ontology should steer clear of a taxonomical tree that allows multiple parent

classes for the same child class (i.e. one child that inherits from multiple parents).

The central aim is to avoid polysemy that often results from multiple inheritances.

The CIDOC CRM [http://cidoc.ics.forth.gr/] (figure 4) is an example of an ontology that allows

multiple inheritance.

Figure 4: Multiple inheritance in the CIDOC CRM

As it can be seen from the above figure, class E24 (Physical_Man-Made_Thing) inherits both

class E71 (Man-Made_Thing) and class E18 (Physical_Thing), and this while there is no

inheritance relation (isA) between E18 and E71. Note that due to the transitivity of the isA

relation, the existence of an inheritance relation between these two would obviate the

“multiple inheritance” claim: E24 (Physical_Man-Made_Thing), for example, is both a

Physical_Thing (E18), and a Legal_Object (E72), without multiple inheritance obtaining.

Strictly terminologically speaking, we could choose to dub these two inheritance scenarios as

trivial (i.e. where the relation at stake can be inferred via transitivity of isA) versus non-trivial

(where the relation cannot be so inferred, and has to be asserted), but we have chosen a

less verbose way of emphasizing the deviant circumstance via dropping the multiple

inheritance appellative in the regular case. The same discussion goes for class E73

(Information_Object), which inherits both E28 (Conceptual_Object) and E72 (Legal_Object).

Accordingly, the following relations hold:

Physical_Man-Made_Thing isA Man-Made_Thing

Physical_Man-Made_Thing isA Physical_Thing

Information_Object isA Conceptual_Object

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Information_Object isA Legal_Object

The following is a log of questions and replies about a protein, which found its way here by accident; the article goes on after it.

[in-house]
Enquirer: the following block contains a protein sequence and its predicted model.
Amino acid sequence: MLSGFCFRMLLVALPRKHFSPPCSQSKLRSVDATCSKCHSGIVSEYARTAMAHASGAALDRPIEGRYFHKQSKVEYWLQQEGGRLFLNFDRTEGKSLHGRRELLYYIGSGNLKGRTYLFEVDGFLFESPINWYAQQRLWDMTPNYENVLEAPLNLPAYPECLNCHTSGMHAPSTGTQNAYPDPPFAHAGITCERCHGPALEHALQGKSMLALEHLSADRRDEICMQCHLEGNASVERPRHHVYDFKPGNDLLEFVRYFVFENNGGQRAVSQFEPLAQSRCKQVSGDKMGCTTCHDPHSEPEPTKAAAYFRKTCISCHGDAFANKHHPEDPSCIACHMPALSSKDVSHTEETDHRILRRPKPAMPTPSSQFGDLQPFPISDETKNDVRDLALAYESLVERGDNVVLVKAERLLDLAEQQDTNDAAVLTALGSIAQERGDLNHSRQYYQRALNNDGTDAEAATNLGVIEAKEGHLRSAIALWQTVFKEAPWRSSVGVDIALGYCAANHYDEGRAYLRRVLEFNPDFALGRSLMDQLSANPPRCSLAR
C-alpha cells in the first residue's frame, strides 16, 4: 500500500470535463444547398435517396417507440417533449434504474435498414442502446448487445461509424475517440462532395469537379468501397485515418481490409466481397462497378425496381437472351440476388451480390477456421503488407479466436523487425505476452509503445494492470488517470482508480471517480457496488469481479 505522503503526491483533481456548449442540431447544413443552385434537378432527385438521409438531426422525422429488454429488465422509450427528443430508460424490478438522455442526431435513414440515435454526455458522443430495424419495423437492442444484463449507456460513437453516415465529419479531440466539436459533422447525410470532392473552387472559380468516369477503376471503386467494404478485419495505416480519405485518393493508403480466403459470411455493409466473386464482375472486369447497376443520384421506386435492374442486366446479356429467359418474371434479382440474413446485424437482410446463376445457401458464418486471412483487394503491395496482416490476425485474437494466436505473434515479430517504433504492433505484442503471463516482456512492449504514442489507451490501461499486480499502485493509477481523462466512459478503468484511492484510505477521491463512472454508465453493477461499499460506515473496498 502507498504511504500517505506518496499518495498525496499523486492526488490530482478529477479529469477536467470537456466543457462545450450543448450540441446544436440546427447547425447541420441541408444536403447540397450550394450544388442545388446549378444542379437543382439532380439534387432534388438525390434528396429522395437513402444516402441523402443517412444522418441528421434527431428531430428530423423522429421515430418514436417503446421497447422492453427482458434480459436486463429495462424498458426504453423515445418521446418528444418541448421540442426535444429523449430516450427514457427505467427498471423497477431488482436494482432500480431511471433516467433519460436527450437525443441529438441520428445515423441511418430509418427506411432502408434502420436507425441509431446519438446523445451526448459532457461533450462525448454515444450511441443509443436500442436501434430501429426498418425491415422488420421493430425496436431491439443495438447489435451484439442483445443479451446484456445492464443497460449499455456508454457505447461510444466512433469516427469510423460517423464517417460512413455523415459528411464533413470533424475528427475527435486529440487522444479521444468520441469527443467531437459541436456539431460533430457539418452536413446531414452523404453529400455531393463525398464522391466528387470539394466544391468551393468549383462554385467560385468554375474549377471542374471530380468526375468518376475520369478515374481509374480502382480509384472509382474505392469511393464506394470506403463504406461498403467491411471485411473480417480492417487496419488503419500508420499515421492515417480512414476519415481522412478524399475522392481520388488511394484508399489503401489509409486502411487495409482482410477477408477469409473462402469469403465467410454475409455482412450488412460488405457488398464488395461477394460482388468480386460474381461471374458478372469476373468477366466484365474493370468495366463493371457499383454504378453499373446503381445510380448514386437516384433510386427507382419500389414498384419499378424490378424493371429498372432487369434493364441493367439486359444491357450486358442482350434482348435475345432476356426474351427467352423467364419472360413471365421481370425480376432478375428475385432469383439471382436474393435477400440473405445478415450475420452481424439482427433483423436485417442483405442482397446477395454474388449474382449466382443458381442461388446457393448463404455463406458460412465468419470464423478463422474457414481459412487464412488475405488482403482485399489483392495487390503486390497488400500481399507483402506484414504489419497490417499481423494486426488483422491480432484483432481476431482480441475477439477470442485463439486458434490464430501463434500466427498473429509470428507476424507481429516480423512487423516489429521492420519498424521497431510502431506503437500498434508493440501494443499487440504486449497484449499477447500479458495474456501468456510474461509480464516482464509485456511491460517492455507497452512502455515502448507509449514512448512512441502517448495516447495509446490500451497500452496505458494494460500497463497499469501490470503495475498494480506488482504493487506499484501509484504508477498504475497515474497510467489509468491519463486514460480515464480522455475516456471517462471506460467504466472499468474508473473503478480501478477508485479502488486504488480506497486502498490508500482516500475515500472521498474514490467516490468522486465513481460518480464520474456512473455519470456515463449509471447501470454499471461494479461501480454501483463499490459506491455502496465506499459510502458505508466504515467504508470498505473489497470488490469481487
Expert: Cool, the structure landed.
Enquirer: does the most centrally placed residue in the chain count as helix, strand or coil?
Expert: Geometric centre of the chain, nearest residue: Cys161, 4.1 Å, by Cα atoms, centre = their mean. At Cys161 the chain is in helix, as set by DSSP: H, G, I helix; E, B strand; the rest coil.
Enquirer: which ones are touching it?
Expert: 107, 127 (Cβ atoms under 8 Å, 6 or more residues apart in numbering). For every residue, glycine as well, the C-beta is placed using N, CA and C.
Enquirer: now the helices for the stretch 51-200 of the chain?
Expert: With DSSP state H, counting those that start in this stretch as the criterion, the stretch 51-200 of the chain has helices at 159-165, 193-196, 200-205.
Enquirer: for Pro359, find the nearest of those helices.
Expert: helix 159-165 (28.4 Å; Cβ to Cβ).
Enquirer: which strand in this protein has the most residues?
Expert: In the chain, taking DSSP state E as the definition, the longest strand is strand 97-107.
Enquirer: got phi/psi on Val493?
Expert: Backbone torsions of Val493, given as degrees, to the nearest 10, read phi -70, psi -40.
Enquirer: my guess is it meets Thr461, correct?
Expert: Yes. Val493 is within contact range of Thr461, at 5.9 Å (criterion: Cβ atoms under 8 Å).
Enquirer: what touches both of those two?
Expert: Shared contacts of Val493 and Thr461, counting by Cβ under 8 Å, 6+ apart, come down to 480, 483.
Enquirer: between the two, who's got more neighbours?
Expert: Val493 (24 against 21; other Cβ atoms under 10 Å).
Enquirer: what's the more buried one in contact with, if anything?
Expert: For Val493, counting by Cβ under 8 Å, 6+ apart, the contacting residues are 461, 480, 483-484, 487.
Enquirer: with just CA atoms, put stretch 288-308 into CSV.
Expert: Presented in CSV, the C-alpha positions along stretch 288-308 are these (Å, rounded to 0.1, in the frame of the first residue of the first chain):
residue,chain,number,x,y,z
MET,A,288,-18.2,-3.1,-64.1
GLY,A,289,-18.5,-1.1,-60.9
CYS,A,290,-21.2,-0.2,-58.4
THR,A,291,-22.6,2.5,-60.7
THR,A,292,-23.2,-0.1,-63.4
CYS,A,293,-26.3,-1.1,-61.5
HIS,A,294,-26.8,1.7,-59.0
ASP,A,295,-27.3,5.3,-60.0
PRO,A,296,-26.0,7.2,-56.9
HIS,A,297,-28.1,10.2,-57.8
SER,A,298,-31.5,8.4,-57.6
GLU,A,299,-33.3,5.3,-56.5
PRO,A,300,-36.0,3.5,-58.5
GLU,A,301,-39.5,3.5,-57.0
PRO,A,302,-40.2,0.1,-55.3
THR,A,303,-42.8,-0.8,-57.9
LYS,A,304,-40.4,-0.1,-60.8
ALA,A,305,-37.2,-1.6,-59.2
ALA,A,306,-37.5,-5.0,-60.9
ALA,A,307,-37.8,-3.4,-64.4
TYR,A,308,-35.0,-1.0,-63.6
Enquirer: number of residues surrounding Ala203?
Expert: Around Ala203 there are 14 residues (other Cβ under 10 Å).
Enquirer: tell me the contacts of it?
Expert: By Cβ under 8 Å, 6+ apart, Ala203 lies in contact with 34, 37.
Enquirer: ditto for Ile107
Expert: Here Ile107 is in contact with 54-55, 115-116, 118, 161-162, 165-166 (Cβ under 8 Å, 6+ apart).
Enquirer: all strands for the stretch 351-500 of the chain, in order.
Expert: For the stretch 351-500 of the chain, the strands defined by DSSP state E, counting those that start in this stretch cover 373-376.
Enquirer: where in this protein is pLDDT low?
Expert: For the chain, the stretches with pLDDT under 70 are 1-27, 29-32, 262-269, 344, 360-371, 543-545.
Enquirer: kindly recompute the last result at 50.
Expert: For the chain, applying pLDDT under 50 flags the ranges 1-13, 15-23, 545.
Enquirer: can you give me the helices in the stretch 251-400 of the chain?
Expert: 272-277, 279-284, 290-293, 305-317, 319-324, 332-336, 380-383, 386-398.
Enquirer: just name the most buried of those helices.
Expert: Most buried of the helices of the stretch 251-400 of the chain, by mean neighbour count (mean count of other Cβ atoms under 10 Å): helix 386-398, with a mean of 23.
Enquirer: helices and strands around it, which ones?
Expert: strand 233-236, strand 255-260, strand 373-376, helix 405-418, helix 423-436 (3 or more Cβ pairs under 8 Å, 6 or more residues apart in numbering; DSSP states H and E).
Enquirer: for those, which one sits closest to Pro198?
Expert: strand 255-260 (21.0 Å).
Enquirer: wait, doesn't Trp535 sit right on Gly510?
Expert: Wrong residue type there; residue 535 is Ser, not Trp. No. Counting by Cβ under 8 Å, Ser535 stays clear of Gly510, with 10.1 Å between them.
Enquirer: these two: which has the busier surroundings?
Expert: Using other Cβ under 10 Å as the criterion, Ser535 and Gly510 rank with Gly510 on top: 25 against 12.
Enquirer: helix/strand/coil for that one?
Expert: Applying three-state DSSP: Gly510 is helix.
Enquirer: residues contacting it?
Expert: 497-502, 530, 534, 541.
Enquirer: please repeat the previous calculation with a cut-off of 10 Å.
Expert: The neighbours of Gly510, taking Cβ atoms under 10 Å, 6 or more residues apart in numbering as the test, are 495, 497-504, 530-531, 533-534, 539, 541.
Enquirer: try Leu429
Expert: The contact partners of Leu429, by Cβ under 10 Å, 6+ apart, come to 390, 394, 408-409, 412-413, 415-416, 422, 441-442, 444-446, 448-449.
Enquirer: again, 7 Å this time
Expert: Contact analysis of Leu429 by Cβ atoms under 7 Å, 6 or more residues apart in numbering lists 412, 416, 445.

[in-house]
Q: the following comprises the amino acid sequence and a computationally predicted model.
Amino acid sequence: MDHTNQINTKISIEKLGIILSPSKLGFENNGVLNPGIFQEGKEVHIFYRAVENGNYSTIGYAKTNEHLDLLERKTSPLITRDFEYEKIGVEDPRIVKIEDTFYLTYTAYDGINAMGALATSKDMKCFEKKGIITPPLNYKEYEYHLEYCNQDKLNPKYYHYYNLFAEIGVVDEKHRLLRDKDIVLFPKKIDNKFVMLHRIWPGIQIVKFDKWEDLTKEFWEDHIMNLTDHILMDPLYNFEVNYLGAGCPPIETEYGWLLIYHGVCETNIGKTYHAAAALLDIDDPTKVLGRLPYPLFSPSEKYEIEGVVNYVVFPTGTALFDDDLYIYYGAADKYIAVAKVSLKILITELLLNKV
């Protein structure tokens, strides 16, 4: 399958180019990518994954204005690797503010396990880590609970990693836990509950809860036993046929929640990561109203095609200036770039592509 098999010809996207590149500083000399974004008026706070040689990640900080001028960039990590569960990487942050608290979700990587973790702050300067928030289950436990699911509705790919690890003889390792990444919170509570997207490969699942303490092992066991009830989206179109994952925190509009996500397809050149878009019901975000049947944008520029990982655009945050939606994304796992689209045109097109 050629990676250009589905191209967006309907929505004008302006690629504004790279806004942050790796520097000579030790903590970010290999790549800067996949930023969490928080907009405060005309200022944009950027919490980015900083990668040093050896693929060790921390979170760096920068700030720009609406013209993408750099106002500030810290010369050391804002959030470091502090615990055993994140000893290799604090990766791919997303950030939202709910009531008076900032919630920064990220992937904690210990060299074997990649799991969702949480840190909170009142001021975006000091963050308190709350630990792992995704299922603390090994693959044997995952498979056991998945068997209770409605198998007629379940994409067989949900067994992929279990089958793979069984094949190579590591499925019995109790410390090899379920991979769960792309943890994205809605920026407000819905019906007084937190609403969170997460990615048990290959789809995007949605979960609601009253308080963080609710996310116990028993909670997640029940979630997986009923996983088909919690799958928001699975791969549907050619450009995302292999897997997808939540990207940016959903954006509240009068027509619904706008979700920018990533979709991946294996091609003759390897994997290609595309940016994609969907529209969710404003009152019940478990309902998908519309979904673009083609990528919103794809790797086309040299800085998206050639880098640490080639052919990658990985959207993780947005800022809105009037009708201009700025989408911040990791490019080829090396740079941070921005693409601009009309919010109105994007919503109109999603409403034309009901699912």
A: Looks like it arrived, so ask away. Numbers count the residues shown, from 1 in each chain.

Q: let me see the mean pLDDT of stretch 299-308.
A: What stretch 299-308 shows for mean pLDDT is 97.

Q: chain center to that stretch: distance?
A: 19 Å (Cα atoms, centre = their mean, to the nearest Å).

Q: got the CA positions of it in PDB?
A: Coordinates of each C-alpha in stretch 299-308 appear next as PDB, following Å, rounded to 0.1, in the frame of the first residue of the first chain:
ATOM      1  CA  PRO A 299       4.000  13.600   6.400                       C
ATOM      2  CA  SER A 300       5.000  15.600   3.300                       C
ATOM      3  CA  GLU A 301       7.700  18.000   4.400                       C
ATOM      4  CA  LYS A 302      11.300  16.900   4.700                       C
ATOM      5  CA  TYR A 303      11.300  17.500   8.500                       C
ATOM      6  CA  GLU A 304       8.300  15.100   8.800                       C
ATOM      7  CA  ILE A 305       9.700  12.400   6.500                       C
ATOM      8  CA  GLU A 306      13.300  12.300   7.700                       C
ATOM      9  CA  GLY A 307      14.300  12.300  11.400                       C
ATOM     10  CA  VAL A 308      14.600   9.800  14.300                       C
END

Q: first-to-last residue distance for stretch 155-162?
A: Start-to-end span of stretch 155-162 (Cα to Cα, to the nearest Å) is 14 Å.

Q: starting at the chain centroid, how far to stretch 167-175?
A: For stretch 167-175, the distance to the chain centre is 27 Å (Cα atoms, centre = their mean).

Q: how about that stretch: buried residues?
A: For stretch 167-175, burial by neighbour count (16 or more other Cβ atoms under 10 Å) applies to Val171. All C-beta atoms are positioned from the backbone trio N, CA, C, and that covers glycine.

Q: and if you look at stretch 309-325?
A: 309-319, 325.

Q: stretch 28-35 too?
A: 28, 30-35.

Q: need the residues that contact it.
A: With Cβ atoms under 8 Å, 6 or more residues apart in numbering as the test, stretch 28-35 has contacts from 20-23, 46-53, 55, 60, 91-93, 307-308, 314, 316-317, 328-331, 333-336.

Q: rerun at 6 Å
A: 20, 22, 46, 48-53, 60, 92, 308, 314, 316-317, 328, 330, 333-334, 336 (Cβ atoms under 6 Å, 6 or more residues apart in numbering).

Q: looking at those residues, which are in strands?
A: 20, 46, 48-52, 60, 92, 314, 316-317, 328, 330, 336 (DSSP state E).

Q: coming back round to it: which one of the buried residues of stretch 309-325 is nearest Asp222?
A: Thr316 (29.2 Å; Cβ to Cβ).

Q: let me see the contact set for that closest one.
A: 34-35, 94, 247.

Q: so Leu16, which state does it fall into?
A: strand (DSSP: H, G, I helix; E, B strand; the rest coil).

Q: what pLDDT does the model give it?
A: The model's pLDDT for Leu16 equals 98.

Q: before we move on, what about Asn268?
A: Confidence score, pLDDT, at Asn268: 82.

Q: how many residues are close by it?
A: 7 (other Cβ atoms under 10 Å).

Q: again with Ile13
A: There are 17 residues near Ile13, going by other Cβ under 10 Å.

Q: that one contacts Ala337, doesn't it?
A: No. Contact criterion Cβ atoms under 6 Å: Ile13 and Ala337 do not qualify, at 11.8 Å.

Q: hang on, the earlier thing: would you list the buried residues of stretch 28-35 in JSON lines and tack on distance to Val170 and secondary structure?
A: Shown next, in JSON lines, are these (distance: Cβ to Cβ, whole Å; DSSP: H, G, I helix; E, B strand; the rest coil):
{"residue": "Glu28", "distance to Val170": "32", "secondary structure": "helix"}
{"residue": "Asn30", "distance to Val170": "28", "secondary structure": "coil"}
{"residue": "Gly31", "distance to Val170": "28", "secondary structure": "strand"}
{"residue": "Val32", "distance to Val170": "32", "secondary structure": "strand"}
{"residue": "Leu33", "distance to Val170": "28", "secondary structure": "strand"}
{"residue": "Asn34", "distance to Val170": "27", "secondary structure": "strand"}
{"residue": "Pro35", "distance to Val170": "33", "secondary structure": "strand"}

In the ACGT MO we chose to deal with polysemy by undertaking a disambiguation of

naturally-occurring polysemic terms; e.g. Birth in natural language denotes, among others,

both the beginning of Life (a ProcessBoundary), and a Process simpliciter—namely the very

process of giving birth. The latter can also be encountered in the specialty literature under

the more specific term of Parturition (with proper part Labor), which we chose to adopt, while

leaving the term Birth under its former, more common, reading (see figure 5).

Figure 5: Resolving polysemy

7. DESIGN CHOICE NUMBER SEVEN (completeness desideratum): the union of a class’

children should exhaust the class—that is, the set of children should constitute a

cover of that class.

8. DESIGN CHOICE NUMBER EIGHT: Sibling classes should be disjoint.

This, together with the completeness desideratum (3), should in fact ensure that the set of

(first-order) children of a class should constitute a partition of that class.

An important exception to the disjointness rule has, nevertheless, been tolerated in the

ACGT MO, due to circumstances relating to the mapping process; more specifically,

mapping of SPARQL queries would have been considerably hindered by the existence of

OPTIONAL and FILTER blocks—blocks normally required by a definition of the

PrimaryTumor class in terms of the non-existence of tumors whose metastasis that primary

tumor is. We have, hence, opted to add both the PrimaryTumor and Metastasis classes to

the asserted taxonomy, even though this, again, violates design directive number seven (see

figure 5): aside from haematooncological tumors, all other tumors (mixed, dysontogenic,